Summary: Researchers ask whether so-called “superfoods” are as good for you as people say they are, and if so, how they should be used as part of a balanced diet.
Source: University of New South Wales
Everyone has heard of the good saying, “An apple a day keeps the doctor away.”
It’s a phrase that suggests they were the first to label apples as a “superfood” long before the term became popular.
But now, hardly a week goes by without a new superfood popping up on social media, promising amazing health benefits. Recent crazes include quinoa, chia seeds and kale.
More important, however, is whether eating foods like kale four times a week supports bone health. Or has someone pulled off the greatest marketing campaign ever?
Food and nutrition expert Associate Professor Jayashree Arcot from UNSW’s School of Chemical Engineering says the term superfoods is sometimes thrown around too easily by “lifestylers”. Although there is no universally agreed definition for “superfoods”, there is an appreciation of the health benefits due to the presence of bioactive substances and compounds found in them.
“Scientifically, there is no such thing as a superfood—basically, foods or compounds that are rich in nutrients because they have properties that can influence health,” says Associate Professor Arcot.
“However, the word unfortunately misleads people into thinking that certain foods have amazing nutritional and health properties and that consuming them can solve all health problems.
“While there is no single food group that holds the key to unlocking the greatest health benefits, we know that some foods are better than others. When we pay more attention to taking care of our health, we start to pay more attention to eating naturally.
“Diet alone cannot solve health problems—but it can play a role as part of a comprehensive treatment plan. If the goal is to lose weight, eating a superfood like blueberries won’t do it by itself.
But to have the same health effect is to find the right combination and balance of these foods.
It is not an excellent food for everyone
Go back 5 to 10 years, before the term “superfoods” was trendy, the phrase “functional foods” was used in the food and health community.
Functional foods are used in the context of physiologically important foods, and reduce the risk of developing diseases due to the addition or removal of certain substances.
Later, the term “superfoods” was coined to describe foods with purported health benefits. However, Prof. Arcot, each food can be classified functionally: because they all have a certain effect on the body.
“We know that drinking high-calcium milk is good for the strength of our bones and teeth, or that eating foods rich in vitamin A is wonderful for our eye health,” she says.
“On the one hand, foods high in fat are often avoided because of the risk of raising cholesterol. But this will be especially important for someone who is already at high risk because we know that there are good fats like avocados and chia seeds that are being hailed as superfoods.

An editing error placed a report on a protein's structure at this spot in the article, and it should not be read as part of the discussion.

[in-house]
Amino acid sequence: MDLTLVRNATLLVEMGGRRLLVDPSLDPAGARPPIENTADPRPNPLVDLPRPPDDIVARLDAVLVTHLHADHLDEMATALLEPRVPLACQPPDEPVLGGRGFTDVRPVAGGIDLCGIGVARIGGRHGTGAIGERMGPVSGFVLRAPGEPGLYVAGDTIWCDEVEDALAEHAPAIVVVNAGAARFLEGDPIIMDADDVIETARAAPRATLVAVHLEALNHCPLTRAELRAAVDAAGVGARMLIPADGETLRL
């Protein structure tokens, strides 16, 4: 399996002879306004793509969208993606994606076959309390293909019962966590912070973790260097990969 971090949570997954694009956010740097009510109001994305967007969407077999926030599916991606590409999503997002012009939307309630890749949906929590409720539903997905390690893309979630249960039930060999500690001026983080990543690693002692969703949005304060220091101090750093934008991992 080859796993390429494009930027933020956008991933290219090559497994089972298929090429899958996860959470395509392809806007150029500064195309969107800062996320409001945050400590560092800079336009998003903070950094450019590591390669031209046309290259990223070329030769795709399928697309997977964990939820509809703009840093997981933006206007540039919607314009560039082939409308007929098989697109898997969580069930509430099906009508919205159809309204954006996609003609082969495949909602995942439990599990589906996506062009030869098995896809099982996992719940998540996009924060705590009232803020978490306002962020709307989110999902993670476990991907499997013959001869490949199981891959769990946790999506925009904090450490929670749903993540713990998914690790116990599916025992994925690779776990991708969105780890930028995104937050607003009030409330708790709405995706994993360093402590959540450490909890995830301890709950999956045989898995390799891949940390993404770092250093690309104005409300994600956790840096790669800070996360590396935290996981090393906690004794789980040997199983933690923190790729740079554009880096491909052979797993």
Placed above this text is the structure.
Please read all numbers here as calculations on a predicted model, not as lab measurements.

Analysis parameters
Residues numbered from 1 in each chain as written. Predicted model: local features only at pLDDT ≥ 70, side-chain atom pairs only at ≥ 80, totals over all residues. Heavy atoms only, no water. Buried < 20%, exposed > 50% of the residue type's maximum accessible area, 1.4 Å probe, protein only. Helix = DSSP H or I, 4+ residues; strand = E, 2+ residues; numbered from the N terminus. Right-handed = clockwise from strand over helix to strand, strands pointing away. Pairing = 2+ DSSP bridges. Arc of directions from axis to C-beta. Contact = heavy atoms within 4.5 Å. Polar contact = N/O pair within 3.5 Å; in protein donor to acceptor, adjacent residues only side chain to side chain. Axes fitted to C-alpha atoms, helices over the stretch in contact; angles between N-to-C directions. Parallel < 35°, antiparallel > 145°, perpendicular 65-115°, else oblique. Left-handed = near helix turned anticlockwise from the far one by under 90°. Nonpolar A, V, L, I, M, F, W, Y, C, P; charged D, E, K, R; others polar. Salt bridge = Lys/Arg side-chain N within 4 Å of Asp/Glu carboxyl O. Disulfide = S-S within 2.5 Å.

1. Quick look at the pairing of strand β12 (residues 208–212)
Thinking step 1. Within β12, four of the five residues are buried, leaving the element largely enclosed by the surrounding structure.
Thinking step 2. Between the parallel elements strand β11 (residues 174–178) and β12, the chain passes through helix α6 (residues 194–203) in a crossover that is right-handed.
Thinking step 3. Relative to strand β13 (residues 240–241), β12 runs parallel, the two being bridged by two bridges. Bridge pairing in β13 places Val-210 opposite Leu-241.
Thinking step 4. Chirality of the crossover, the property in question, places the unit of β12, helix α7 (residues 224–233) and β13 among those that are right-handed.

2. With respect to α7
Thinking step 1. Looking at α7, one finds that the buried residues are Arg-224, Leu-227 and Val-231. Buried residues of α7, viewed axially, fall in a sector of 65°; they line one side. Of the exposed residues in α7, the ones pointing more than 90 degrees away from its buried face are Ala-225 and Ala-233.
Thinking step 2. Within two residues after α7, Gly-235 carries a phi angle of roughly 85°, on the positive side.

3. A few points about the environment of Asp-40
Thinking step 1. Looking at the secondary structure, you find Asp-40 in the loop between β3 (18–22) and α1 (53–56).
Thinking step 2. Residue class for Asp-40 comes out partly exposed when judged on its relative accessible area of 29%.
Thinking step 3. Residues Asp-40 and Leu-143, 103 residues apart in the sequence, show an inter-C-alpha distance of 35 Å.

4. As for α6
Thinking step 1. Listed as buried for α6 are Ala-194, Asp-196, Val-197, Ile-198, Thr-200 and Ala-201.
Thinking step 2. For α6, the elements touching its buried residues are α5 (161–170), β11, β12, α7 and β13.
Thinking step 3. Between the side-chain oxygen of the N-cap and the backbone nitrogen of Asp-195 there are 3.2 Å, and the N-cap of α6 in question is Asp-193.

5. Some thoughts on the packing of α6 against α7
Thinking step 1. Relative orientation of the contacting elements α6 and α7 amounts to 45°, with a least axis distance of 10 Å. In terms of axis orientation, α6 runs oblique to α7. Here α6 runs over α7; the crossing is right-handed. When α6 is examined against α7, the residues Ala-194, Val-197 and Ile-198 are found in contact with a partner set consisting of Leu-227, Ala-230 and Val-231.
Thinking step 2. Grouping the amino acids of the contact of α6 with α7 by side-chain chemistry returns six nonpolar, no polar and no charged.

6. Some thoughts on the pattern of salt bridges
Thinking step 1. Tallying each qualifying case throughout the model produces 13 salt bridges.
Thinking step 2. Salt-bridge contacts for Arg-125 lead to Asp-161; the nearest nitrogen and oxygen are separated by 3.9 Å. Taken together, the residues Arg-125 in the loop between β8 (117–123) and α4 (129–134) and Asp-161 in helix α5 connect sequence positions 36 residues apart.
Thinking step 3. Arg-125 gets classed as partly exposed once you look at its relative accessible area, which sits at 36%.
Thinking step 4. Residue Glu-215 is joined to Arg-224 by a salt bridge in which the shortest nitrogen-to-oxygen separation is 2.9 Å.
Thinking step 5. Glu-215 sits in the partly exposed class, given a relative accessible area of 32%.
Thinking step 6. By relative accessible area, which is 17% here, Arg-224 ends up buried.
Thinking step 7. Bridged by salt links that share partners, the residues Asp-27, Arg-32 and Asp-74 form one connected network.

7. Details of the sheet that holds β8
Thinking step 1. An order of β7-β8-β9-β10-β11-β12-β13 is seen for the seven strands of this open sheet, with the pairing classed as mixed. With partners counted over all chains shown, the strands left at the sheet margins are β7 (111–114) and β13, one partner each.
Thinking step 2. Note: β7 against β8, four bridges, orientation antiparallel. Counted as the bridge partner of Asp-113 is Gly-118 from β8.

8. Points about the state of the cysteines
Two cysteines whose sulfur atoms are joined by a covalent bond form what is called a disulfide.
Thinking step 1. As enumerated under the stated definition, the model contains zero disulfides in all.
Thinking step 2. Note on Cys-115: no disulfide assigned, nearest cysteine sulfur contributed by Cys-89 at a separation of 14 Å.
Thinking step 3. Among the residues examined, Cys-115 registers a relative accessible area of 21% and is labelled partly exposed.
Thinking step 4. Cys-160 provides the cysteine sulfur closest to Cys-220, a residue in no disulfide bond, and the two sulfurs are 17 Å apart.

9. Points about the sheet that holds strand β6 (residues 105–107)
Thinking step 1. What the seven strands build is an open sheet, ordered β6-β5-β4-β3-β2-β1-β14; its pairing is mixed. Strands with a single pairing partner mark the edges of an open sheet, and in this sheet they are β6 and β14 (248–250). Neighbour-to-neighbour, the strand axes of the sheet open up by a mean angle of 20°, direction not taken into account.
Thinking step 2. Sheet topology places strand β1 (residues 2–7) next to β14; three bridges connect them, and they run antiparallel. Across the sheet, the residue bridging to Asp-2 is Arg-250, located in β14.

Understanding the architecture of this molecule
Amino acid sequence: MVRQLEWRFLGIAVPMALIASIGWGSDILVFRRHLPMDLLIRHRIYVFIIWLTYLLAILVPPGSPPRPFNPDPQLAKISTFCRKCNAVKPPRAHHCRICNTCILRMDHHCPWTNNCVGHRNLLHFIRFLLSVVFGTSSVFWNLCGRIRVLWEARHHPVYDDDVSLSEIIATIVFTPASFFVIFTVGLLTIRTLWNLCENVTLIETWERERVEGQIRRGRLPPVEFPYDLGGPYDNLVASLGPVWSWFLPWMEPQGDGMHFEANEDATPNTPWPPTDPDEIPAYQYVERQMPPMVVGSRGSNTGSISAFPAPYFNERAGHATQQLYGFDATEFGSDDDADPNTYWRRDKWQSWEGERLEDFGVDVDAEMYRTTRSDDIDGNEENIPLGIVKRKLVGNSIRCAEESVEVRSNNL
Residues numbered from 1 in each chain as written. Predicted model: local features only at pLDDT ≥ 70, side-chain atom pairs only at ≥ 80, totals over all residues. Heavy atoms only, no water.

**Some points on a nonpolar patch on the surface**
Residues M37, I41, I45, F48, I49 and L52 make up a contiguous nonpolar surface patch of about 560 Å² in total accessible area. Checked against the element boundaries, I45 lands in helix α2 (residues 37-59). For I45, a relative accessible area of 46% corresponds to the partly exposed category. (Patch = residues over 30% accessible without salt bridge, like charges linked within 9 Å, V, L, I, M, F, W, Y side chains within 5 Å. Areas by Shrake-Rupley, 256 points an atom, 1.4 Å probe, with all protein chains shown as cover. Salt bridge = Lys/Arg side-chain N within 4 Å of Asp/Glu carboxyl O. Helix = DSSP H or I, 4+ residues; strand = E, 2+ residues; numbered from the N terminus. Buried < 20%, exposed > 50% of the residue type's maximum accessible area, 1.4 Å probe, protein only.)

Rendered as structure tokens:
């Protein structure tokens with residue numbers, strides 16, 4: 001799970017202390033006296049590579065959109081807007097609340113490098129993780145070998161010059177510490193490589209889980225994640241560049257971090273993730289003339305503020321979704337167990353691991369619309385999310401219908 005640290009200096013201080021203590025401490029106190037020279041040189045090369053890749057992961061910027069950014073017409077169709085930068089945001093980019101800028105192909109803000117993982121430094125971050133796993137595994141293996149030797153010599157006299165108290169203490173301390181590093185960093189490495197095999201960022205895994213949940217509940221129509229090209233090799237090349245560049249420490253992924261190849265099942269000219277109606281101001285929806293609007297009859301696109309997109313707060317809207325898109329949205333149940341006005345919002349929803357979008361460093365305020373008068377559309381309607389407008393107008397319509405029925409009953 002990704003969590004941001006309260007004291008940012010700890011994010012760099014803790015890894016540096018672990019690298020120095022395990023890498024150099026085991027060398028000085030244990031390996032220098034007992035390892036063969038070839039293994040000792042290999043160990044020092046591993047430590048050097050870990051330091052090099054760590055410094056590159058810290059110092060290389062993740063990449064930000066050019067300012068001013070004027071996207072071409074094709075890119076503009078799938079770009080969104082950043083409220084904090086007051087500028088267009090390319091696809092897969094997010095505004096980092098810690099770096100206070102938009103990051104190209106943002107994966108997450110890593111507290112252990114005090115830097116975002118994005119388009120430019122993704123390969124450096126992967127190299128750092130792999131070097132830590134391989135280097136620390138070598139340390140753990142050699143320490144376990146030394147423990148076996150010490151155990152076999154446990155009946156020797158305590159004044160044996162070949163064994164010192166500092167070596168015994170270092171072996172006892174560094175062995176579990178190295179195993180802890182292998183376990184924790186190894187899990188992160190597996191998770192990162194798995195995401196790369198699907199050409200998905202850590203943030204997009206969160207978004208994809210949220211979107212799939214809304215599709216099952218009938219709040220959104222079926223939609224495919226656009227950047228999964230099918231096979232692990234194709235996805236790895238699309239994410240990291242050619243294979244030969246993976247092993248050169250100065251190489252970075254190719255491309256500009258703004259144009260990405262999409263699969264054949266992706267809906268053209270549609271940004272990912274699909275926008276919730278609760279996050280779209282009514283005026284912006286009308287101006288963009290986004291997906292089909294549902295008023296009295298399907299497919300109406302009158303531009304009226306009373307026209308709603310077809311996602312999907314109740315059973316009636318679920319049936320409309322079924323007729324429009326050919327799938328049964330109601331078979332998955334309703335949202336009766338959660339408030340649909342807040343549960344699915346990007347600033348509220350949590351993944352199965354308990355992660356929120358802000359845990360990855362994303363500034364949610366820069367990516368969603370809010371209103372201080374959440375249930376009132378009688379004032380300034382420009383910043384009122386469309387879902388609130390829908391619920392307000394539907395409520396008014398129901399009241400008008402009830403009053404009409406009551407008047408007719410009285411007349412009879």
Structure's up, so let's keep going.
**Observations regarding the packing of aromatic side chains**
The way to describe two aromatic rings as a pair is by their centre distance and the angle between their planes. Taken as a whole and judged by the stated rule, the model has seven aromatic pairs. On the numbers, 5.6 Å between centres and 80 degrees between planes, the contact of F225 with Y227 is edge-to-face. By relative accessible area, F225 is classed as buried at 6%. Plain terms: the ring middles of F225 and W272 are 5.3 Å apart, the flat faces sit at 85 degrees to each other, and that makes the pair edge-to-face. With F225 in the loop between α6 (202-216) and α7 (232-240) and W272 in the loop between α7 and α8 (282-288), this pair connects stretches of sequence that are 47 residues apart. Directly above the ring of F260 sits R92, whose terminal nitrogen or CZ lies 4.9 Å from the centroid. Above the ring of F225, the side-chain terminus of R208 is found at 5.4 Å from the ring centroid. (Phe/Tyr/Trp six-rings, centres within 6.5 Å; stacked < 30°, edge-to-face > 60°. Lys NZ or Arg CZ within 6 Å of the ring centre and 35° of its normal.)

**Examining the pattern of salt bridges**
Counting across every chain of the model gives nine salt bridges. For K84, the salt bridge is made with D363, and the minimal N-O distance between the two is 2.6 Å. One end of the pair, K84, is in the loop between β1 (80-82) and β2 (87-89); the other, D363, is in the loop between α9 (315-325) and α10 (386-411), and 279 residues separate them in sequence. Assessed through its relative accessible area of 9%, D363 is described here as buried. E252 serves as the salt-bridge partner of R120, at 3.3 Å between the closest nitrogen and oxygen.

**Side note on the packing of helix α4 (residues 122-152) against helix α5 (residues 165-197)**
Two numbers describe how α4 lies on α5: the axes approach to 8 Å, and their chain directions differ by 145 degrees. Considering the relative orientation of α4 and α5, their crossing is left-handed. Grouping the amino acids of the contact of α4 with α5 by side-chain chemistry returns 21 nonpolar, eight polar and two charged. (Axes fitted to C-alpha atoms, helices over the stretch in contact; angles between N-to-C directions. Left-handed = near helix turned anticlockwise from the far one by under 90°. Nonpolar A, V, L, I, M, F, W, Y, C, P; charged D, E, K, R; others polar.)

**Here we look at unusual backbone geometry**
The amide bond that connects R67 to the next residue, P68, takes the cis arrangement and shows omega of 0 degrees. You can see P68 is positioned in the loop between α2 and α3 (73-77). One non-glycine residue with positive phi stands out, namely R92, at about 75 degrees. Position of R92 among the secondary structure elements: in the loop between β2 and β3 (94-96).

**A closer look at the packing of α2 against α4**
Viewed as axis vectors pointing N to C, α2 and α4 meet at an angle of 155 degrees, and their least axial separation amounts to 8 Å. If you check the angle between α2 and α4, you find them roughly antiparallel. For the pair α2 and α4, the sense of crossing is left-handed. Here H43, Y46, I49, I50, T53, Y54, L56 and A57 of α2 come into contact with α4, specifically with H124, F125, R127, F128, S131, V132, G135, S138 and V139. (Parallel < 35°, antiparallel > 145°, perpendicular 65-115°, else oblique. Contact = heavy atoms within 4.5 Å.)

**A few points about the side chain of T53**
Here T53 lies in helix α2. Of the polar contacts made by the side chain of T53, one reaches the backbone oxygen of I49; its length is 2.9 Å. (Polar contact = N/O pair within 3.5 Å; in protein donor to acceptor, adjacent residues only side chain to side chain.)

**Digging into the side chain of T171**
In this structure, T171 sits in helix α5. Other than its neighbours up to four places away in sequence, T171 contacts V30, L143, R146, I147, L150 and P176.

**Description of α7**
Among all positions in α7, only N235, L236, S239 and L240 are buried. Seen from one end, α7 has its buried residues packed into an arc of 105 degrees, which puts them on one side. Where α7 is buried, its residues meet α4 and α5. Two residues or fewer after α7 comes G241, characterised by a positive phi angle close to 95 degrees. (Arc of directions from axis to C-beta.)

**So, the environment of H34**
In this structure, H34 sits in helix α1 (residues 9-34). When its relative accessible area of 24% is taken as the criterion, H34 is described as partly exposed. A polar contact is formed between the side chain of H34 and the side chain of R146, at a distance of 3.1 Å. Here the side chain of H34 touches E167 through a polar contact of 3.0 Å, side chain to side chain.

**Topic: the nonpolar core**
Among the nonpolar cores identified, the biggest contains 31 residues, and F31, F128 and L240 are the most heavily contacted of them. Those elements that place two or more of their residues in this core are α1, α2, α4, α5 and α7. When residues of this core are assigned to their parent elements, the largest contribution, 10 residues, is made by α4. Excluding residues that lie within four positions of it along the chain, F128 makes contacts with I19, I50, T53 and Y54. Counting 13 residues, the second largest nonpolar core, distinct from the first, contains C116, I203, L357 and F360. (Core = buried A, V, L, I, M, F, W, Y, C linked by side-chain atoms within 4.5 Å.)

Kale may be one of the most common foods mentioned when it comes to superfoods. Although several studies have shown that cabbage has antioxidant and anticarcinogenic potential, there is still a lack of evidence in the literature to conclude that eating cabbage provides more health benefits than other cruciferous vegetables such as cabbage.
“No one is going to tell you that if you start eating a lot of cabbage, it’s bad for you. For example, unless you’re prone to kidney stones, you probably have too many oxalates – a compound found in leafy vegetables that you recommend to have less of in your diet,” says A/Prof. Arcot.
“So there’s no one-size-fits-all approach to this.”
Can superfoods still save?
A/Professor Arcot says that we need to pay attention to the nutritional profile of food intake, to know if it is appropriate for the health problem we are talking about.
“There’s no denying that eating a balanced diet is important to one’s overall health,” she says.
“For example, the Mediterranean diet is a heart-healthy eating plan that includes foods such as whole grains, fruits, vegetables and seafood, and is believed to support brain function and promote heart health.”
A/Prof Arcot says compounds found in certain foods have the potential to prevent or delay certain chronic diseases such as heart attacks, which have chronic reactions in the body.
“Raspberries, blueberries, blackberries, and cranberries are a food source of vitamins, minerals, fiber, and antioxidants, and these properties can reduce inflammation. They cannot be called superfoods because randomized controlled trials are needed to evaluate their effectiveness in reducing inflammation.”
Superfood story sequel
One of the latest “superfoods” is turmeric, a common spice used in cooking, which contains a powerful compound known for its powerful anti-inflammatory properties, curcumin.
But how much of this compound should we actually consume before it has some effect on the body?
A/Professor Arcot said that this is a complex area and more research is needed to find out.
“Sometimes the compounds we need are only present in minute amounts in the food we eat,” she says.
“There is still a long way to go in terms of research before we know the exact amount needed to produce these changes in our body. But we know that the results can be cumulative over time,” she says.
“It’s all about preventing health problems – and a healthy diet with proper nutrition contributes to overall well-being.”
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